No. And it is anal to specify US. That is the default.
What is more critical is to understand the importance of these declarations. One declares the human readable language of the content, and other declares the character encoding applied to text that is read in. These are technical concerns that deserve due diligence (as in, understanding).
Other lexicons exist within one language. For English there are US, UK, AU, NZ, CA and a host of other Commonwealth countries, but the dialect will not be much different from UK (or AU) on the extreme diction end (mostly the added u). The world has gotten accustomed to both forms, by now. It’s a moot topic. The US form has taken the lead in global terms.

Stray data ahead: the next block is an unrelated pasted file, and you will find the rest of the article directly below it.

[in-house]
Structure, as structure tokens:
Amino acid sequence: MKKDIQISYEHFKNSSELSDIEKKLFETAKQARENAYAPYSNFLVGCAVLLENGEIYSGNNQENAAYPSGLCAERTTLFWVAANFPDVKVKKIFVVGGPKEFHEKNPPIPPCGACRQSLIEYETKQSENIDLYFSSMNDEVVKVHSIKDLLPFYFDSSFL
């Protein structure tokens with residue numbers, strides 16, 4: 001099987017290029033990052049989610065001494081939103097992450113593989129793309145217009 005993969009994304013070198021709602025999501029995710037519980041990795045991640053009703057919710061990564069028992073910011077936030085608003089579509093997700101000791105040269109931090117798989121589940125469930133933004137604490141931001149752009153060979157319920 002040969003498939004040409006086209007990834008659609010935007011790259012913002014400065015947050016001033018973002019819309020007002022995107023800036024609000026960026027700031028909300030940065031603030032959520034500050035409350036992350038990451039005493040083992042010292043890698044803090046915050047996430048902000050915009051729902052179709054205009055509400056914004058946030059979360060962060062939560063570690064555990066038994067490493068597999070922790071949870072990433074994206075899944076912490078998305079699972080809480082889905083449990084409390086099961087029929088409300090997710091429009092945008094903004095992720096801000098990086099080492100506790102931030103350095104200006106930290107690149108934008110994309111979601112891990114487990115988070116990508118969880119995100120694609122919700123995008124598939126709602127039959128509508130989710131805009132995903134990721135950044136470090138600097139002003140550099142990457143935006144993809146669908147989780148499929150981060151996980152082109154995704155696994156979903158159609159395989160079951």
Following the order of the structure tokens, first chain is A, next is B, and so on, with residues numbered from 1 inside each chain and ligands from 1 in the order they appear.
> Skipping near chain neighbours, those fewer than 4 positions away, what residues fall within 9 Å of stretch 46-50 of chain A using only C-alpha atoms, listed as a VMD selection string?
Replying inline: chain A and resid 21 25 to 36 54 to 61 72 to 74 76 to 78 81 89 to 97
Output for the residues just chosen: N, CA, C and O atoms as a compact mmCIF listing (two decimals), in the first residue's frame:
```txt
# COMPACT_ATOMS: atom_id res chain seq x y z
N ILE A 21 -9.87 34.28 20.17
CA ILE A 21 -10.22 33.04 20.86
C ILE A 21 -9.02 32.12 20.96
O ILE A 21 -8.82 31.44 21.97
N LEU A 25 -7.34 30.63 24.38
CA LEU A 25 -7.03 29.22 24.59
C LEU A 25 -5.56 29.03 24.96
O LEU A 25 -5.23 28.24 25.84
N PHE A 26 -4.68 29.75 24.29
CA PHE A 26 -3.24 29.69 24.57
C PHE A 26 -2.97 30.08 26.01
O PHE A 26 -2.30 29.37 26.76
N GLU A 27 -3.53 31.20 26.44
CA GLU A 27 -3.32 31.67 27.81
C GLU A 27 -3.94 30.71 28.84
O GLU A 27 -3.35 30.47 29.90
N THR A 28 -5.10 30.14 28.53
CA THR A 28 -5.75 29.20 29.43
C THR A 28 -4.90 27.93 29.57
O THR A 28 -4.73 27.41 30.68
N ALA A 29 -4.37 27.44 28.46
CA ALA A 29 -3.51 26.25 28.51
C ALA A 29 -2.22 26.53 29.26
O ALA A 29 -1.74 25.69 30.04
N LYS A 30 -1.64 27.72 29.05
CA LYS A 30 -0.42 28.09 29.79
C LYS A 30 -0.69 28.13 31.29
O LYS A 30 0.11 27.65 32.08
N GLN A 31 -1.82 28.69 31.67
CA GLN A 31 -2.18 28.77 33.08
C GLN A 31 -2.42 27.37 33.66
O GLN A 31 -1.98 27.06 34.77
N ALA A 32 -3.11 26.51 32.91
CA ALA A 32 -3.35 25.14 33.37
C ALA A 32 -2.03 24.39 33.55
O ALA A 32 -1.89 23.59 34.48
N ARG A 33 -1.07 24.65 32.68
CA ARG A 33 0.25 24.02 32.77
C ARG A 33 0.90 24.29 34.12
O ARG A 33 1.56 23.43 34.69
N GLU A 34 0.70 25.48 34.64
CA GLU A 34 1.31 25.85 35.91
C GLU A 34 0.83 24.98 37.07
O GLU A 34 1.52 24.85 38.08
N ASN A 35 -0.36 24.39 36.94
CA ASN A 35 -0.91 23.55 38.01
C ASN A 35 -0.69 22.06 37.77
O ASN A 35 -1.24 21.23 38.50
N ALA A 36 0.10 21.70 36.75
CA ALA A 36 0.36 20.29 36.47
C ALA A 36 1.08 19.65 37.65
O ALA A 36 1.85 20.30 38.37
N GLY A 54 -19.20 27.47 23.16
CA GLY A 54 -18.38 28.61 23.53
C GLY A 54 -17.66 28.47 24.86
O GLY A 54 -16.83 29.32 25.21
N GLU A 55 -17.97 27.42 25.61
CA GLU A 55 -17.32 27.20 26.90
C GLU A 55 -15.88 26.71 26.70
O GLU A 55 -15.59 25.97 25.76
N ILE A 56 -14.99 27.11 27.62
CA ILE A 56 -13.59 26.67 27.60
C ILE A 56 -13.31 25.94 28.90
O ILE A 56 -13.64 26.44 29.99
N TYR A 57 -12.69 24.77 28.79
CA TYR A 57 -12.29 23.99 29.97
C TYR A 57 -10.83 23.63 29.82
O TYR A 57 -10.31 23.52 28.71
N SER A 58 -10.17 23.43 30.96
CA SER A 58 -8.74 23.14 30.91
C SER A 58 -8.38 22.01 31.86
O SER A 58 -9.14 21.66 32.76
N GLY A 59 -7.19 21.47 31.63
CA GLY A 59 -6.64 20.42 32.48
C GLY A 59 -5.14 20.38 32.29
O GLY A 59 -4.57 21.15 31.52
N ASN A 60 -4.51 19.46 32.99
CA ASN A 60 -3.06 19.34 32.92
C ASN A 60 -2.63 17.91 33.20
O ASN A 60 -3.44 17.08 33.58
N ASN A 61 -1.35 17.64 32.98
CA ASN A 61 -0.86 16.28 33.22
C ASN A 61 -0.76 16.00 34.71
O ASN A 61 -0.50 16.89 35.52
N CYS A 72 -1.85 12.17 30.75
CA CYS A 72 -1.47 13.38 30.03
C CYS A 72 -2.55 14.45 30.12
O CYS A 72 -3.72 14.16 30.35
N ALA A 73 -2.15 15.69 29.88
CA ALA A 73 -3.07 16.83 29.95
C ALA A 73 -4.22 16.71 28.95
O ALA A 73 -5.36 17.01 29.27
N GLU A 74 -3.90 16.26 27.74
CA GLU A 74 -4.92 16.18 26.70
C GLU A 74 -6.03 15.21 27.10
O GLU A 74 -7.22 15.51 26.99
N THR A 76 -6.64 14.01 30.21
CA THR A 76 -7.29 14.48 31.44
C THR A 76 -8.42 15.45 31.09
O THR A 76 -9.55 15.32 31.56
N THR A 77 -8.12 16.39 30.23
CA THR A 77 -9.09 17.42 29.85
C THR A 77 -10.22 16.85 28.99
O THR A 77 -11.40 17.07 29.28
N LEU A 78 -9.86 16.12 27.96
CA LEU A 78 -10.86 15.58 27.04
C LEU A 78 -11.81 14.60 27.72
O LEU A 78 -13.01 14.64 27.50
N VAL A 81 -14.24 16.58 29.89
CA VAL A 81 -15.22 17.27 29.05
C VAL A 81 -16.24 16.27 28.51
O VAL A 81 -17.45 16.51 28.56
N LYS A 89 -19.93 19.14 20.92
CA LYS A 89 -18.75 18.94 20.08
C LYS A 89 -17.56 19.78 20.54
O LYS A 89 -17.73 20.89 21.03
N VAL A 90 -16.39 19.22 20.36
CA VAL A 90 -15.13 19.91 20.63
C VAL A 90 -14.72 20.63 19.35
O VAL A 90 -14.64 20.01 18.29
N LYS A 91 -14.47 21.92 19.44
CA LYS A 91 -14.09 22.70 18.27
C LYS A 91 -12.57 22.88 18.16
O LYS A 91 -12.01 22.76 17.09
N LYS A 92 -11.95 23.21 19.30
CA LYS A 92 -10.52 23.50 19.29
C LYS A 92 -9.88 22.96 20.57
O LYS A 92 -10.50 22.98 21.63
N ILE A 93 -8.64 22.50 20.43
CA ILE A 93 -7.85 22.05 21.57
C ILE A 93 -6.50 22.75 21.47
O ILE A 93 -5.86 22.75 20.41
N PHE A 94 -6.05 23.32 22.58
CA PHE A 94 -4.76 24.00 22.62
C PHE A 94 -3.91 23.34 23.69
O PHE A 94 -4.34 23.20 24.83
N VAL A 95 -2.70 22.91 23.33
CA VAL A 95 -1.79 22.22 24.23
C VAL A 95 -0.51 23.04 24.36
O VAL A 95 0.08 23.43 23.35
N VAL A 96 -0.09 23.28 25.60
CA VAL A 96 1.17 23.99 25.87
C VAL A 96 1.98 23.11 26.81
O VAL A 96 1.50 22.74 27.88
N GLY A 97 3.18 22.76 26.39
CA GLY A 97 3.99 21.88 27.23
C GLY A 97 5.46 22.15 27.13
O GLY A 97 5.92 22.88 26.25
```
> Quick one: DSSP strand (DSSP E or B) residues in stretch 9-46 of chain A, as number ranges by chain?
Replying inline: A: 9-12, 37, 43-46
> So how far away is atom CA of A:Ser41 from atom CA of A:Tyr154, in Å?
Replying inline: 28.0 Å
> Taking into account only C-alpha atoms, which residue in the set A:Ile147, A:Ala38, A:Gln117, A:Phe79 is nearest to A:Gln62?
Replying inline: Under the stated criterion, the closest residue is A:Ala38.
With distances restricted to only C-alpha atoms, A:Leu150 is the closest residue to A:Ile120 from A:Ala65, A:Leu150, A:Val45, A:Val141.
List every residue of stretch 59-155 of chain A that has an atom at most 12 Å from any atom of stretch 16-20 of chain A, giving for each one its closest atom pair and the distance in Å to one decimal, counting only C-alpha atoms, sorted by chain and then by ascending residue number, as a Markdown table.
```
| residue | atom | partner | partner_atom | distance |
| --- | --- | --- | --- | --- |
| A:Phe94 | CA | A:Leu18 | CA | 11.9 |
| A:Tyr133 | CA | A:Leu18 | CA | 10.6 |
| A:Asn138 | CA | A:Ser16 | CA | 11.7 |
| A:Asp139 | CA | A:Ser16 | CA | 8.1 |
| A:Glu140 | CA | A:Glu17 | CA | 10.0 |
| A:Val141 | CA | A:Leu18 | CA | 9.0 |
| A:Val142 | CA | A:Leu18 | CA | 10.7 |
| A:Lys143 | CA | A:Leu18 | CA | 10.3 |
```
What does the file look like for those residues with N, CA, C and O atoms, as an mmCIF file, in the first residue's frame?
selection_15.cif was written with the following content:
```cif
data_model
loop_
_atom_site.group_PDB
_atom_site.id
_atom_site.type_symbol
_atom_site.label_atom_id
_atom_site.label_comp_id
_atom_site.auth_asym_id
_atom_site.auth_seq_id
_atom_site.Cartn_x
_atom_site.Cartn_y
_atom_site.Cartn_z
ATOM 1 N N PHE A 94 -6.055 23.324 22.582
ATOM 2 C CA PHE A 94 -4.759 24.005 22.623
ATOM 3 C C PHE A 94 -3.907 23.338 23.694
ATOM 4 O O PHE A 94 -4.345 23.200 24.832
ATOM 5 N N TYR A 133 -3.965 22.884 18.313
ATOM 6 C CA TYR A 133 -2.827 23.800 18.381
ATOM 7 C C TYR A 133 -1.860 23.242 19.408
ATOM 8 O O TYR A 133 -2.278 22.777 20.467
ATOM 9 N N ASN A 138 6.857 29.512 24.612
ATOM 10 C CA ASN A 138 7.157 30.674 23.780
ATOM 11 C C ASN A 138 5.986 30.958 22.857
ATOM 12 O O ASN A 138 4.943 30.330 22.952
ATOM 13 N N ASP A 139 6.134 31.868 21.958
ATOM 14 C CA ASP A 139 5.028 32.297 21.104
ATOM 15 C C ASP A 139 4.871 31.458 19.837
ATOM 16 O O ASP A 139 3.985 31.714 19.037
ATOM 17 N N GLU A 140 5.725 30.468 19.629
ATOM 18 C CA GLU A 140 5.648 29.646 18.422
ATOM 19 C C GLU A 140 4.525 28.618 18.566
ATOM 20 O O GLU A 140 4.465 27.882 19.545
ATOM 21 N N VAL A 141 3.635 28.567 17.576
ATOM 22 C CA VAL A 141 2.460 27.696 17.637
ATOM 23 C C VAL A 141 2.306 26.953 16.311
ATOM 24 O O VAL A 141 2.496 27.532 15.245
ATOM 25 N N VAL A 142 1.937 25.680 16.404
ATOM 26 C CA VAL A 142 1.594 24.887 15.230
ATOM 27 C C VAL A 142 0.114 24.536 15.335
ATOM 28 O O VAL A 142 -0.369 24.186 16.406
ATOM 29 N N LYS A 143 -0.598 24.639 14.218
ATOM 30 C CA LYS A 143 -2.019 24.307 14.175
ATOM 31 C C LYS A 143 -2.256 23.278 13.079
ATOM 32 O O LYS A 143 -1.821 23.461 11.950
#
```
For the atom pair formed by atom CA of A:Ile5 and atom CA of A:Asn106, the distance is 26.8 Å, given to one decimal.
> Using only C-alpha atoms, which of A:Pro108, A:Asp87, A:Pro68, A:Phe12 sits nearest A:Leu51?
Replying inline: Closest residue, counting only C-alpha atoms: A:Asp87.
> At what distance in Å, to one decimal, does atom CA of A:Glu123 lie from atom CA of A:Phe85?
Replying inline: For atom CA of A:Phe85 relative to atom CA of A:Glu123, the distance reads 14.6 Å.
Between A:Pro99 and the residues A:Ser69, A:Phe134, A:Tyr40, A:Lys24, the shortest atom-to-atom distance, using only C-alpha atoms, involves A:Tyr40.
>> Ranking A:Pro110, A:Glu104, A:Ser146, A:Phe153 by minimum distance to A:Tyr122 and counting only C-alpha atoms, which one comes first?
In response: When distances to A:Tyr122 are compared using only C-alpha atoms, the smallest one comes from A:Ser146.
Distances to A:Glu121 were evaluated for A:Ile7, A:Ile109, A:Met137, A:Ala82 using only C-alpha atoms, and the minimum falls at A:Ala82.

The encoding is what drives the rendering of the document; while the human language aspect is of greater importance to screen readers and other user agents more centered on diction and semantics of the content.